Официален блог на WebEKM EKM очаквайте сайта онлайн скоро.

Download Free Templates http://bigtheme.net/ free full Wordpress, Joomla, Mgento - premium themes.

Policy Based and Route Based- IPSEC VPN variations (LAB)

ipsecpolicyThere are 2 kinds of VPN IPSEC tunnels : Policy Based which is based on “crypto maps” and implementation them on the physical interfaces and Route Based which is based on virtual interfaces (tunnel interfaces). In this article I will talk them over, show how to implement them, when we may to pick up particular ones, and when we are doomed to one of them.

One of the biggest downsides of Cisco ASA is lack of route based VPNs. Of course we may put a router in front ASA or behind the ASA (then ASA may work as layer 2 device and only filter the traffic), but would be nice to have site to site VPN , SSL Remote Access and fully work OSPF on both sites without deployment another devices like ISR branch office router. Anyway, if we have routers already  on the edge we are able to use Policy Based VPN and Route Based VPN as well and this is the relevant advantage of routers over ASA.

Policy Based VPN

Firstly let’s have a look at Policy Based VPN. We operate within physical interfaces only! As usual we have to deploy ISAKMP policies and IKE IPSec policies. In a few steps what we have to do is :

1. Mark interesting traffic with access-list
2. Create ISAKMP policy
3. Create preshared key
4. Create ISAKMP profile ( not necessary if we don’t use keyring like me in this case)
5. Define transform set
6. Create and attach crypto map to the outside interface





policy basedVPN


If we have static routing (which is the only one acceptable in case of Policy Based VPN) we may use Reverse Route Injection (RRI) mechanism which literally takes remote, protected networks from our access-list (interesting traffic) and put them into routing table of our  router with next hop of outside interface (protected by ipsec). Why is this useful? If we run OSPF protocol on both sides and  redistribute static routes into OSPF then we obtain routing table with all networks of the second site, even if we don’t have OSPF Area0 between crypto map interfaces (of course we CAN’T have because VPN site to site with crypto maps doesn’t allow multicasts and routing protocols). Don’t confuse RRI rules, we don’t get updates from the second side via OSPF because we don’t have Area0 between interfaces! We get update which based on access-list with “interested traffic” only!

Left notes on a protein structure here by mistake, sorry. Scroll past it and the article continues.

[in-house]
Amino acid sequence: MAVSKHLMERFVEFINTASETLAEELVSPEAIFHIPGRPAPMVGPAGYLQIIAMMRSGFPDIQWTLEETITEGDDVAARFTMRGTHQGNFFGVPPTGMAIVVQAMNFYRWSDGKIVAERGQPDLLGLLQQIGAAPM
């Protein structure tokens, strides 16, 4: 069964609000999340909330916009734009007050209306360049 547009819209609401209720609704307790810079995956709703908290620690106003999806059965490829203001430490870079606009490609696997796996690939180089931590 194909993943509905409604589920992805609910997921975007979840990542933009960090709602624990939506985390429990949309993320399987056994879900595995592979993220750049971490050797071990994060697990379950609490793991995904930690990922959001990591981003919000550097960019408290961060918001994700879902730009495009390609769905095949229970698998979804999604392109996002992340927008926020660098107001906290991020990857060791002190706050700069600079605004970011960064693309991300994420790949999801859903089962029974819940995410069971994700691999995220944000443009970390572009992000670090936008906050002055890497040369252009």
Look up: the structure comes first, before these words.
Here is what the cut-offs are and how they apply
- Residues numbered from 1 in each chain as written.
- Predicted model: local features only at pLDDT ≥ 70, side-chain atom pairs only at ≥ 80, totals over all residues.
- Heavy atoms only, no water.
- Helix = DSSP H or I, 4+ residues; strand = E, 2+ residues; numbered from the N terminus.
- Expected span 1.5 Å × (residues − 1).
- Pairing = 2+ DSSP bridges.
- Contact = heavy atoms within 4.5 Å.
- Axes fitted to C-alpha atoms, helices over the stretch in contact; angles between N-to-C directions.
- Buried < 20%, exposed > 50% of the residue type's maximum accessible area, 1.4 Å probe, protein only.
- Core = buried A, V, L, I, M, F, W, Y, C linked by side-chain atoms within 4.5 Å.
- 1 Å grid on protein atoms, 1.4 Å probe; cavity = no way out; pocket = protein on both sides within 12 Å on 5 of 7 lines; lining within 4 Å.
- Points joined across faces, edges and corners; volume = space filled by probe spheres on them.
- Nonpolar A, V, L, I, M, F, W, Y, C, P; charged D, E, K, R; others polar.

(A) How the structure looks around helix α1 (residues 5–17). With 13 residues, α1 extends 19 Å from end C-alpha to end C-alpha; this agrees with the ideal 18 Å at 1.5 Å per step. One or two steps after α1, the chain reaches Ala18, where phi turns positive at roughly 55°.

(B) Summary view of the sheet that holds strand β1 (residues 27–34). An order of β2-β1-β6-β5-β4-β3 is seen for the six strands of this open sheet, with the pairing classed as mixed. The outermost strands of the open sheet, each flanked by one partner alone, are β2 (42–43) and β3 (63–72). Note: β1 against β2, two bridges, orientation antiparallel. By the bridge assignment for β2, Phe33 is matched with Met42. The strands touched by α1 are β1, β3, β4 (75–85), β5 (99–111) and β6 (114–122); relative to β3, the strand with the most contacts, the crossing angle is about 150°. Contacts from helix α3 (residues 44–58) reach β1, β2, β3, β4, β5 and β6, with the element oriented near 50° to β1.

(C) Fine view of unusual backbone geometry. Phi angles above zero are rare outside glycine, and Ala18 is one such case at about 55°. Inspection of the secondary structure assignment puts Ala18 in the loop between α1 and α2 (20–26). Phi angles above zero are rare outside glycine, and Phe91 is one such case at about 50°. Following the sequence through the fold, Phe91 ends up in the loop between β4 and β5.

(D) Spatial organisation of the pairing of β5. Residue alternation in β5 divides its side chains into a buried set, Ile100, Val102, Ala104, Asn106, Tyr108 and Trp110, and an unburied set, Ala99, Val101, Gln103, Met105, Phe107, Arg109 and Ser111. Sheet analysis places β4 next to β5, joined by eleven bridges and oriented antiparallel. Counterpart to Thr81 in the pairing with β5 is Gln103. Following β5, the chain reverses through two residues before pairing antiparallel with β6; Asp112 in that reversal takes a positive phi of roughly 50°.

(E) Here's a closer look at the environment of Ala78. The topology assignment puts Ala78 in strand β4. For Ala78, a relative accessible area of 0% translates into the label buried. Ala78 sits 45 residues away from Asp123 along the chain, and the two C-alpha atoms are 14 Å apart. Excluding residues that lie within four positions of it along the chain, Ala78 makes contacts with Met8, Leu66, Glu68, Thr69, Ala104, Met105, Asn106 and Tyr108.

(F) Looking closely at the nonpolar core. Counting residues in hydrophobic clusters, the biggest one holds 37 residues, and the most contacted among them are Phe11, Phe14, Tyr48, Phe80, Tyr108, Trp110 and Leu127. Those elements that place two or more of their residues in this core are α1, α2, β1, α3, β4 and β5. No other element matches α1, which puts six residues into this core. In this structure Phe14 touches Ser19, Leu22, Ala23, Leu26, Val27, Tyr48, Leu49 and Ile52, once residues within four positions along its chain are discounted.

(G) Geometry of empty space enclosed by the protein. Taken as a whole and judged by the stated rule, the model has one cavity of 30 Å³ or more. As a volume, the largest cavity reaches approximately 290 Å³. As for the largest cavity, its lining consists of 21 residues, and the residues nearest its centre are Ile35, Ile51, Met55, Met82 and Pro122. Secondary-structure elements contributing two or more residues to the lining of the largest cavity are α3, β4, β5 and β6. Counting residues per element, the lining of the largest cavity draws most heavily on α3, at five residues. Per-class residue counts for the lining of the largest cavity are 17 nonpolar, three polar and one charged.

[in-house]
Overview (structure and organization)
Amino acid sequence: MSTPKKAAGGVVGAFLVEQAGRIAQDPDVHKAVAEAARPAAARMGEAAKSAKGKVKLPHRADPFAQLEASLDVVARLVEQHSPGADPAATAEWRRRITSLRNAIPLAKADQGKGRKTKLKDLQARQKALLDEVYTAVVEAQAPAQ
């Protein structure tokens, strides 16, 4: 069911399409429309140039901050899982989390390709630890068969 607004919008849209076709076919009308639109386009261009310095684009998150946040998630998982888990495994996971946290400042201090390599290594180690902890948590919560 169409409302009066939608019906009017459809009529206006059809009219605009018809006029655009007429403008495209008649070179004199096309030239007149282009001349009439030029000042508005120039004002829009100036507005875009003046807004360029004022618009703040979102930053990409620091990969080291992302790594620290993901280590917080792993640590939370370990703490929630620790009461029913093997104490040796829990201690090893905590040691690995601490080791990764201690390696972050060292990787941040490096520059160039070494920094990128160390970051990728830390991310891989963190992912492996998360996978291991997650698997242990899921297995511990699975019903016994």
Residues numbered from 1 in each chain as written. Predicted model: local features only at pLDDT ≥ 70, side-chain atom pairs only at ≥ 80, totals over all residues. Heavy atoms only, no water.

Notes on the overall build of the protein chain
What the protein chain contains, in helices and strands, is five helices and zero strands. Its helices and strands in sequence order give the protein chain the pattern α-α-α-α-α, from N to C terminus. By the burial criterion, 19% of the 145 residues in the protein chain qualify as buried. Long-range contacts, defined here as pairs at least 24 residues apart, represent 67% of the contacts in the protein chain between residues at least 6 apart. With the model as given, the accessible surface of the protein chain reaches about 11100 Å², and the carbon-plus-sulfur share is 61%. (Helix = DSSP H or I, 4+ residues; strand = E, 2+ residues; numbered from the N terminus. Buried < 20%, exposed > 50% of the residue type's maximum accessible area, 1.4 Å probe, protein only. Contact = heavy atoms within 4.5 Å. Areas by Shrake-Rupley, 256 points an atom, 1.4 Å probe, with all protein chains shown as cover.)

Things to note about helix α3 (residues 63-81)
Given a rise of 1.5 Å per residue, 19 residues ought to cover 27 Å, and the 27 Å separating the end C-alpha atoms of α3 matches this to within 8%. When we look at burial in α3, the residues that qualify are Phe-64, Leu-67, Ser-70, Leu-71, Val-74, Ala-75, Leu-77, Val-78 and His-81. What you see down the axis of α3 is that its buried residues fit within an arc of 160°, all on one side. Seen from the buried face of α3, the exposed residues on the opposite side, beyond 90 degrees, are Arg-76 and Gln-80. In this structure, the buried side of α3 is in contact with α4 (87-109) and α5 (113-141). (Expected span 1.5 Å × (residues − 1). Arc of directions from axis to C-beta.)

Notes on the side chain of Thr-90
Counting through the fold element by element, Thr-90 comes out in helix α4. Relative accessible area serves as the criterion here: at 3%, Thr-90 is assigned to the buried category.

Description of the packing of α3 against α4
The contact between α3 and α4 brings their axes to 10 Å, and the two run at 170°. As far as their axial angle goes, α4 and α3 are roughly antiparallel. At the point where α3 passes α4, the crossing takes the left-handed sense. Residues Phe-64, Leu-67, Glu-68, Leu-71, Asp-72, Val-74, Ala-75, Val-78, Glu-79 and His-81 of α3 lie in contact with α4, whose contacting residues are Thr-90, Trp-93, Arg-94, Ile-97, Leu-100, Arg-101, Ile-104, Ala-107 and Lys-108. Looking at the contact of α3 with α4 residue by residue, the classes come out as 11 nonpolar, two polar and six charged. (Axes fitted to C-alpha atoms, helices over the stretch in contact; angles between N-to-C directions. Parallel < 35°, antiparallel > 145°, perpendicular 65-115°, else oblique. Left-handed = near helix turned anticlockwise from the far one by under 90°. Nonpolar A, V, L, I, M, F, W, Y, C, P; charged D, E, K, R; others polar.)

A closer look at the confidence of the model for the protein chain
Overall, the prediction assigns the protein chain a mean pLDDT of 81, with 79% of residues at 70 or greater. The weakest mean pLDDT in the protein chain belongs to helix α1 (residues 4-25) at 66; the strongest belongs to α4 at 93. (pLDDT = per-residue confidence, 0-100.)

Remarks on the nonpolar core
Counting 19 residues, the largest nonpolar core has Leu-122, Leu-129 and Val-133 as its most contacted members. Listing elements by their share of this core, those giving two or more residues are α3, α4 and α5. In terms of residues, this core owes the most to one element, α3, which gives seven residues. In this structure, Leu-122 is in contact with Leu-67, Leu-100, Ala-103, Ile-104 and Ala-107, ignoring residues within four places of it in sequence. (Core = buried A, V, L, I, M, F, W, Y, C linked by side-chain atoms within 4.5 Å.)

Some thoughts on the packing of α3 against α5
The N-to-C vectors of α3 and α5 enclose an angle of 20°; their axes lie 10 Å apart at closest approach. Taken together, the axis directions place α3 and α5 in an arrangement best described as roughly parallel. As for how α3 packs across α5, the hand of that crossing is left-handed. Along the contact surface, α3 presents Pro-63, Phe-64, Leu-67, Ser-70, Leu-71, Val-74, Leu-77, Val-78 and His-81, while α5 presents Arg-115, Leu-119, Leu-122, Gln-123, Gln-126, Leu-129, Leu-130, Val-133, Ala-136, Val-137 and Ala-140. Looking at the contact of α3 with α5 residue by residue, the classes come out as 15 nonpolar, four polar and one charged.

Route Based VPN

Route Based VPN is very similar, the difference is that we don’t have to mark interesting traffic because we have 2 outside interfaces : Tunnel interface (virtual) and physical interface. Tunnel interfaces on both sites are considered for being connected directly (in spite of they are physically not). All routes which we get via OSPF will have “Tunnel0” interface as an outside interface. The remain traffic will be going through the physical interface. Another distinguishing feature is that we have to create ipsec profile and attach its to the tunnel interface. Besides we have  to define that our tunnel will be protected by ipsec. To summarize in a few steps it looks like this:

1. Create ISAKMP policy
2. Create preshared key
3. Create ISAKMP profile ( not necessary if we don’t use keyring)
4. Define transform set
5. Create ipsec profile (with isakmp profile included)
6 Create tunnel interface and attach ipsec profile to

In this particular case I used VTI VPN , cause I choose tunnel mode ipsec ipv4, originally is GRE. Difference ? 4 bytes additional overhead with GRE. Key difference regards Policy based is the VPN IPSec tunnel is up all the time and doesn’t have to be triggered by one of the site through the ICMP ping for example.



Each of above solutions is scalable. Route based VPN is scalable better because we don’t have to establish site to site tunnel for each pair of routers, for example if we have 5 sites we need to create 25 tunnels in order to achieve full connectivity. In the case of Routed base VPN like DMVPN we have to create only 5 tunnels in Hub & Spoke topology with using of Next Hop Resolution Protocol. If we want to add another site in the first case we have to create another 5 tunnels and make changes in configuration on each site,  in DMVPN we don’t even have to “touch” the Hub (or make slight changes, depends on configuration of ISAKMP key), so we make configuration changes only on added router. 

, , , , , ,

Onlain bookmaker bet365.com - the best bokie